Bill Byrd was a pitcher who threw spitballs and a pioneer who helped pave the way for the integration of baseball.
Others were more charismatic, and brought greater talent to the game, but Byrd was a seemingly indestructible master who became the symbol of the Baltimore Elite Giants during a Negro League career that spanned two decades.
Byrd, who died Friday at the age of 83 at the Medical College of Pennsylvania in Philadelphia, was the fourth-winningest pitcher in Negro League history, with a 114-72 record. But he also will be remembered as a teacher of future major-leaguers Roy Campanella, Jim Gilliam and Joe Black.
"I had a gift," Byrd said in an interview last year. "That's about all there was to it."
Byrd, who was born July 15, 1907, in Canton, Ga., learned to hit and pitch by breaking off tree branches and swinging at small rocks in the woods near his home. He began to play organized baseball with the Columbus (Ohio) Travelers and eventually won a job in 1933 with the Columbus Blue Birds of the Negro National League. After several stops, the franchise eventually moved to Baltimore and was renamed the Elite Giants in 1935.
Byrd's gift was his spitball, a legal pitch which he learned in 1934 after spending a few minutes on the sidelines with a veteran named Roosevelt Davis.
"A lot of pitchers tried it," Byrd said. "But few could control it. I saw a bunch of guys throw the ball into the stands. I prided myself on pitching the spitter. I'd always think about the catcher. I always kept it where the catcher could handle it. I didn't believe in bouncing the ball into the dirt."
Despite suffering an arm injury early in his career, the right-handed Byrd rarely missed a start, playing during the summer in Baltimore and spending parts of three winters pitching in Puerto Rico, where he was nicknamed "El Maestro."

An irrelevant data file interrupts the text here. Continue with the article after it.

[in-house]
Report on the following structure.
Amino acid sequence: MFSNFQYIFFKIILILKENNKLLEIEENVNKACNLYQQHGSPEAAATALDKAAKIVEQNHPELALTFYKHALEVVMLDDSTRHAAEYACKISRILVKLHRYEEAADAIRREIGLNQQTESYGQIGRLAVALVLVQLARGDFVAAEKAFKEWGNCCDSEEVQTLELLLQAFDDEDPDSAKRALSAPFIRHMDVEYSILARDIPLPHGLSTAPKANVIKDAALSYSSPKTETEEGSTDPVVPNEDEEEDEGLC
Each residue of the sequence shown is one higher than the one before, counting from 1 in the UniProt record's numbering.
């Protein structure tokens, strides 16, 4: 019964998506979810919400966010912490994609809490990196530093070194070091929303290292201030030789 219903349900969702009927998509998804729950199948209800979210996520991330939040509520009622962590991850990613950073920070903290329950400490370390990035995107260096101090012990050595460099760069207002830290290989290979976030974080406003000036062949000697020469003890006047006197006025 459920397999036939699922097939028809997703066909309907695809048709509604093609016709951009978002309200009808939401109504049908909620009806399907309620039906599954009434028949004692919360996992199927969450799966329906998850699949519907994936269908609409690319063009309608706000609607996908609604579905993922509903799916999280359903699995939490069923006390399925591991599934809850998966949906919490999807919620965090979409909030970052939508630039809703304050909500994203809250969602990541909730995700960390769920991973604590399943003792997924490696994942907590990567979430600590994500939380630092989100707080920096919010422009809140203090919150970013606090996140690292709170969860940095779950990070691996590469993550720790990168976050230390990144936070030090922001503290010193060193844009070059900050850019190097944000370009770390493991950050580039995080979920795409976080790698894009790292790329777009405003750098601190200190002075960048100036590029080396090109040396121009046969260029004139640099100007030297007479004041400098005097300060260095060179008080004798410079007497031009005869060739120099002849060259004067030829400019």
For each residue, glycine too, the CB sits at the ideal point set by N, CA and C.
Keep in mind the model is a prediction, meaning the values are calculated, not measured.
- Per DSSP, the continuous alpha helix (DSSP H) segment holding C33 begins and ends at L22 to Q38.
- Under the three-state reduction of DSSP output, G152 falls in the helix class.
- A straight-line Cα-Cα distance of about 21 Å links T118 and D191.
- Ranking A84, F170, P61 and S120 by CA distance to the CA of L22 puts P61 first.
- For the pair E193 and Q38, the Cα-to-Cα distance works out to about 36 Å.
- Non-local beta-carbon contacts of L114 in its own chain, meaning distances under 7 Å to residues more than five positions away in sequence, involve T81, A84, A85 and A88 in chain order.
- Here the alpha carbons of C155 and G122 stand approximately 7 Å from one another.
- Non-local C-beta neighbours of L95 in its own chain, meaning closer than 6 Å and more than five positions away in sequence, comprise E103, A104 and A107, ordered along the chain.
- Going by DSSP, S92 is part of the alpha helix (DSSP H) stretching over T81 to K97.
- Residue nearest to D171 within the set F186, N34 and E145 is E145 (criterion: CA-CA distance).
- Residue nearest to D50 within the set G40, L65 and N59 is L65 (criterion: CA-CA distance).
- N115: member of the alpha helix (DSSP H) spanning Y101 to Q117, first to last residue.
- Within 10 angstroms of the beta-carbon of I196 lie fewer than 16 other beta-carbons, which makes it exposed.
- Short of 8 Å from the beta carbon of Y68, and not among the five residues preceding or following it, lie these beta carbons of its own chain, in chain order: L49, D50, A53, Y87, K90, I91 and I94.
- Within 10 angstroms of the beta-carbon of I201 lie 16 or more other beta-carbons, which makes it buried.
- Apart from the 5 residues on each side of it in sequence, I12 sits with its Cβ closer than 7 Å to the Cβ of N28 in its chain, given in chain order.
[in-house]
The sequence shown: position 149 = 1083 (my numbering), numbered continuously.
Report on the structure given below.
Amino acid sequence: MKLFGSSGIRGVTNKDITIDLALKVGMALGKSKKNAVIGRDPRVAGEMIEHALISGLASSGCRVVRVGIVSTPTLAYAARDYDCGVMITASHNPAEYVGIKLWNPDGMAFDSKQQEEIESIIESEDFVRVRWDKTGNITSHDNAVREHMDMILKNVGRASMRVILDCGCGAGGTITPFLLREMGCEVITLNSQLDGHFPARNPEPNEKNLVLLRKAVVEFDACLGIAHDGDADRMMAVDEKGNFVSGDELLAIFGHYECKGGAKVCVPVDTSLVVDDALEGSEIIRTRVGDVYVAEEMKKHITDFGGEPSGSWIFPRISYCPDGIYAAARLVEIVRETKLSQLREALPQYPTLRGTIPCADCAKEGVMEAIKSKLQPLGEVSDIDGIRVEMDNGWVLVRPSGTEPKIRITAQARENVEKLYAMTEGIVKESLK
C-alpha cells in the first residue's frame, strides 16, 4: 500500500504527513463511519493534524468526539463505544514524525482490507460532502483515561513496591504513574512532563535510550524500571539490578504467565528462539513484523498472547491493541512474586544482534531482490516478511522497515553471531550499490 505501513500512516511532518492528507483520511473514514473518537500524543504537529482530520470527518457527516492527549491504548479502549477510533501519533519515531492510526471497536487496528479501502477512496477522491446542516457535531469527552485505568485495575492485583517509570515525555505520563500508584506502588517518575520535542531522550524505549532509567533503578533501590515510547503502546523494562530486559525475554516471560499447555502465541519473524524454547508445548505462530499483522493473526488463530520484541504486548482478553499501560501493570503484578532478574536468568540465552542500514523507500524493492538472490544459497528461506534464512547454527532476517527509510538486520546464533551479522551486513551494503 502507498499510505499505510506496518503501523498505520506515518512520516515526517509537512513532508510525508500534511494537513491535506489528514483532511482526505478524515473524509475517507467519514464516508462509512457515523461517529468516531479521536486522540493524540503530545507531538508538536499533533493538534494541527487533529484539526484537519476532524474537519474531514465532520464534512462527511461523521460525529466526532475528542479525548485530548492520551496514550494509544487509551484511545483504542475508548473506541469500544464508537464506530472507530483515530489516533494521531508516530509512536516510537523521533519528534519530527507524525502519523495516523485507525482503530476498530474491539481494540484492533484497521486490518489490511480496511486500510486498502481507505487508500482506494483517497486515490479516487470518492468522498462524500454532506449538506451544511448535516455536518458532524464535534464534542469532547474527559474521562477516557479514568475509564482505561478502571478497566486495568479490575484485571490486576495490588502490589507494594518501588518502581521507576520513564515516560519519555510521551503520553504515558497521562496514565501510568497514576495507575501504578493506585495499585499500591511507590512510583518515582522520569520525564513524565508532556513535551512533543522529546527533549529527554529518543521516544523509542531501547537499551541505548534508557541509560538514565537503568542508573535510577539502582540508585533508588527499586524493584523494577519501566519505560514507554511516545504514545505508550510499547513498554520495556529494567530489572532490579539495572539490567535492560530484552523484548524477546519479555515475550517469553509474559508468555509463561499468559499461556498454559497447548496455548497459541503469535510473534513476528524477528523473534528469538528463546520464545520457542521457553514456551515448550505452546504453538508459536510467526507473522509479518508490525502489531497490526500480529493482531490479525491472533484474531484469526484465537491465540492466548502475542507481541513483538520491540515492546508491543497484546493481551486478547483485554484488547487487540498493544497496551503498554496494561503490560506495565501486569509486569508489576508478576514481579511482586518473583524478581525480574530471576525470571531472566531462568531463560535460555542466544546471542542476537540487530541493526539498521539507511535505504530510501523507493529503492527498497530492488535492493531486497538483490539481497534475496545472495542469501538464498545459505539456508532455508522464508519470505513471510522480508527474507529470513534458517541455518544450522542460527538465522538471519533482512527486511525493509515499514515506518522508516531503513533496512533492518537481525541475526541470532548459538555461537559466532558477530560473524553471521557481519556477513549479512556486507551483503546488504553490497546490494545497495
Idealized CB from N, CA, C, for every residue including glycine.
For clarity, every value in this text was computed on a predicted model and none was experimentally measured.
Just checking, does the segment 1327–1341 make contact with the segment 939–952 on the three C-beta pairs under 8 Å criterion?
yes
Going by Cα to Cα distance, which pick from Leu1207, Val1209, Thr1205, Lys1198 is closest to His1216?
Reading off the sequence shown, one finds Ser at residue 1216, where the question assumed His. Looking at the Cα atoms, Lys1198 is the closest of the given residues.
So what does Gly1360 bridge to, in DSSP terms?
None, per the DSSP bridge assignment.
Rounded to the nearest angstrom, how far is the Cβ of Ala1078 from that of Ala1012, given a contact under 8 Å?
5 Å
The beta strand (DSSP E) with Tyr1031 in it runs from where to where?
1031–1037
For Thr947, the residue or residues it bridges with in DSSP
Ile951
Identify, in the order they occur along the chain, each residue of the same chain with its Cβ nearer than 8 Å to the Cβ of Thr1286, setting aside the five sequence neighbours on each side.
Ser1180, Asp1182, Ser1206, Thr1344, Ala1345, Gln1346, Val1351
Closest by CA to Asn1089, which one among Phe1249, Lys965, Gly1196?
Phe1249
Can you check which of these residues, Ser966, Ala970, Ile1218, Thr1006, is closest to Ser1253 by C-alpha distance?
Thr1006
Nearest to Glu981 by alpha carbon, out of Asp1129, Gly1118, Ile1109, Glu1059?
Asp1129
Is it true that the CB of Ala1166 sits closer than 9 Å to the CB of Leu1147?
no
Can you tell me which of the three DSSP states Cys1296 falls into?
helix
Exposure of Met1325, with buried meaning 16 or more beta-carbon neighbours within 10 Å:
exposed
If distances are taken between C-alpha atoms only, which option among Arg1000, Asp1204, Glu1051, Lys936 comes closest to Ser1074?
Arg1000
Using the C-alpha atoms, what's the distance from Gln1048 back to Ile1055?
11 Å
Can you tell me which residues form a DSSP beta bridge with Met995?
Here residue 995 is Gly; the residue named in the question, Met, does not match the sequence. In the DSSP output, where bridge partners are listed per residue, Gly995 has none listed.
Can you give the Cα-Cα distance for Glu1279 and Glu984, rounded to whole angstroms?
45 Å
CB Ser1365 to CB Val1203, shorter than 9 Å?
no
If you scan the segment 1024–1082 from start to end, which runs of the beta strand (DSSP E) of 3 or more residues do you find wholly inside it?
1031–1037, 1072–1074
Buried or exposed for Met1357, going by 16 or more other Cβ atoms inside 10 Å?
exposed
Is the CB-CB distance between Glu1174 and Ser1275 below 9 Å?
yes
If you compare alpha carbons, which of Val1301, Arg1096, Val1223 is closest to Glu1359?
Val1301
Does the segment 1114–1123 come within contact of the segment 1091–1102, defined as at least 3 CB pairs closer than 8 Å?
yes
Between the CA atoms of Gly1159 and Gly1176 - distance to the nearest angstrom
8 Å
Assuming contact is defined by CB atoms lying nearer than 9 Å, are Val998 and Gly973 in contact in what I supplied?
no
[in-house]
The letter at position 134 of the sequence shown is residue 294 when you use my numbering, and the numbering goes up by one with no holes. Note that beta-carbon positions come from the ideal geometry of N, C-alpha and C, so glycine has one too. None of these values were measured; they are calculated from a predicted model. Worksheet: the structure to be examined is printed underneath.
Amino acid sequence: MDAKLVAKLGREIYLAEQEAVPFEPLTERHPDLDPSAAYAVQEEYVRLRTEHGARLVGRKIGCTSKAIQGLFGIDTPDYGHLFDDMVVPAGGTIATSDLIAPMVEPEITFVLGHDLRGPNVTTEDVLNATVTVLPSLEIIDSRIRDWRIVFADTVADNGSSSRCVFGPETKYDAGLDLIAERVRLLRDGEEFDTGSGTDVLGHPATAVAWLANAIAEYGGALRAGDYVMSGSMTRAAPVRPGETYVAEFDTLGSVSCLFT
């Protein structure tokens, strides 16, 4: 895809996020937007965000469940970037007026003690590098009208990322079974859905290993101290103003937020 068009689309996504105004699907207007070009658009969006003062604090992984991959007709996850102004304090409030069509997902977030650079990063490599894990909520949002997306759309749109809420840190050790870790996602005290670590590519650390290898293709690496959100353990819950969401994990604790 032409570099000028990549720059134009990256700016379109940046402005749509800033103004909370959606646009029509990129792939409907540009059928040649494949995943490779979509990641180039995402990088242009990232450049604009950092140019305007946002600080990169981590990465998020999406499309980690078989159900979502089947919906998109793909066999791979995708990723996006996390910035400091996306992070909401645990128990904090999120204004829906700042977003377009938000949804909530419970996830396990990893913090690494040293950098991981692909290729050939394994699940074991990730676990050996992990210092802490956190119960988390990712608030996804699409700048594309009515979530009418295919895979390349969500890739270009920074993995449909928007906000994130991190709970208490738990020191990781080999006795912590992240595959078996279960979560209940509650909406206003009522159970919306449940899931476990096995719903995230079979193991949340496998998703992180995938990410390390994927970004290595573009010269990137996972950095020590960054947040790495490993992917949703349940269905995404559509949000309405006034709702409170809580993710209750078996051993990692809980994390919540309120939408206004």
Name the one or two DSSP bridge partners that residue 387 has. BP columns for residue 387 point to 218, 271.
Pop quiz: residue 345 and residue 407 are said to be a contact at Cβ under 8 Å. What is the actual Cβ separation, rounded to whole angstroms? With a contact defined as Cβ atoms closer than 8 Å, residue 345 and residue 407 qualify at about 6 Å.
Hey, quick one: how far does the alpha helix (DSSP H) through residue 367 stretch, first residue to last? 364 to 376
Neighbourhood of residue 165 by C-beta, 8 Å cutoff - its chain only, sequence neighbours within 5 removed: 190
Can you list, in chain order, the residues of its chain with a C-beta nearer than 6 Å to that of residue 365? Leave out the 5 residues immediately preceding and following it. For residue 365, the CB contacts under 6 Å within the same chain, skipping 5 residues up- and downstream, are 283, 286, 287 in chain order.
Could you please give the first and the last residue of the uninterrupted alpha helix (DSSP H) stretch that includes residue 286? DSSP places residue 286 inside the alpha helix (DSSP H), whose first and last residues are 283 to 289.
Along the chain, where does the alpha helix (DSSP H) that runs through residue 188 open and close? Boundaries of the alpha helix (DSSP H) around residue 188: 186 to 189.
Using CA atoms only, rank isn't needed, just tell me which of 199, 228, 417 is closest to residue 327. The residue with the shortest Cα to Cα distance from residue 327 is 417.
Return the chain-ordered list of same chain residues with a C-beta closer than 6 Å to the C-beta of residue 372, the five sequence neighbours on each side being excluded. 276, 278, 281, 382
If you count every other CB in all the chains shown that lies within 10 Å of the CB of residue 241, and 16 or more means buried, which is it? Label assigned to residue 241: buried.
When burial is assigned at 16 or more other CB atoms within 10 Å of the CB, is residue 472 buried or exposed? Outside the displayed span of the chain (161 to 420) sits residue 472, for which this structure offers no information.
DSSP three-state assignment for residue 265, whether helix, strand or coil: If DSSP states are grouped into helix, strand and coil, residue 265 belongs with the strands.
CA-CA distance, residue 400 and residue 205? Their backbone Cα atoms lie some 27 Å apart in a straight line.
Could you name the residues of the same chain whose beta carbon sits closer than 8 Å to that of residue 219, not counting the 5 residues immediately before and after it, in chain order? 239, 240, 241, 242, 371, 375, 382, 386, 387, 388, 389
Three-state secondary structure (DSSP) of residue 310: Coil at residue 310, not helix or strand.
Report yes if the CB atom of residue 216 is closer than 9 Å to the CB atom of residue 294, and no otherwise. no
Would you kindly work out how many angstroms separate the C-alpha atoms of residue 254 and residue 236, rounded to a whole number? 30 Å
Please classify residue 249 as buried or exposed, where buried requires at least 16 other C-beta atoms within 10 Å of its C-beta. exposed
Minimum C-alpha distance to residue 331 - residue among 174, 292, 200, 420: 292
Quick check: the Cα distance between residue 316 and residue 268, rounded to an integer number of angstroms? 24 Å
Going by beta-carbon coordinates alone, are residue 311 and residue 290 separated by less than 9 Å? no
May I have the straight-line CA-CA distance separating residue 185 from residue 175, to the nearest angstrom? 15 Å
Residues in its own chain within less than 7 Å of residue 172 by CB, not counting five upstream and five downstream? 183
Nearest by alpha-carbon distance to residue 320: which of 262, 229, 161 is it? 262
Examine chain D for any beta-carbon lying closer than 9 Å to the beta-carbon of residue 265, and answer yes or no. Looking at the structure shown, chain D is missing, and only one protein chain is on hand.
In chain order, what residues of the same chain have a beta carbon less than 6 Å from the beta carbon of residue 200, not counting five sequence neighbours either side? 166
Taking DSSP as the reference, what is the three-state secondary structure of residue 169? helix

"In Puerto Rico, it wasn't black, white or gray," he said. "It was just baseball."
Byrd, who was called "Daddy" by his Baltimore teammates, made his greatest contribution to Negro League history by teaching his professional craft to future major-league stars. Campanella, an eventual Hall of Famer who played with the Brooklyn Dodgers, began his baseball career as a teen-ager with the Elite Giants. Campanella often has credited Byrd with showing him how to play and act like a big-league ballplayer. But a major-league career eluded Byrd, who retired after his 17th season with the Elite Giants in 1949.
"Bill was born 20 years too soon," his wife, Hazel, once said. "If the break had come in his prime, he could have made it. The only one out of his prime to make it in the majors was Satchel Paige. And no one knew how old he was."
Monte Irvin, a Hall of Famer who played in the Negro Leagues and the major leagues, once said: "Byrd was a master. There is no doubt that Bill Byrd would have been a star in the major leagues."
Byrd worked 20 years as a raw-stock expediter for General Electric in Philadelphia. In recent years, he received publicity as researchers began publishing Negro League history. Byrd was to be honored at an old-timers' game in Baltimore in April 1990, but was unable to attend because of health problems.
In addition to his wife, Byrd is survived by four children, 18 grandchildren and 17 great-grandchildren. A viewing will be held Wednesday from 10 a.m. to noon with services following at the Bruce R. Hawkins Funeral Home, 6828 Old York Road, Philadelphia.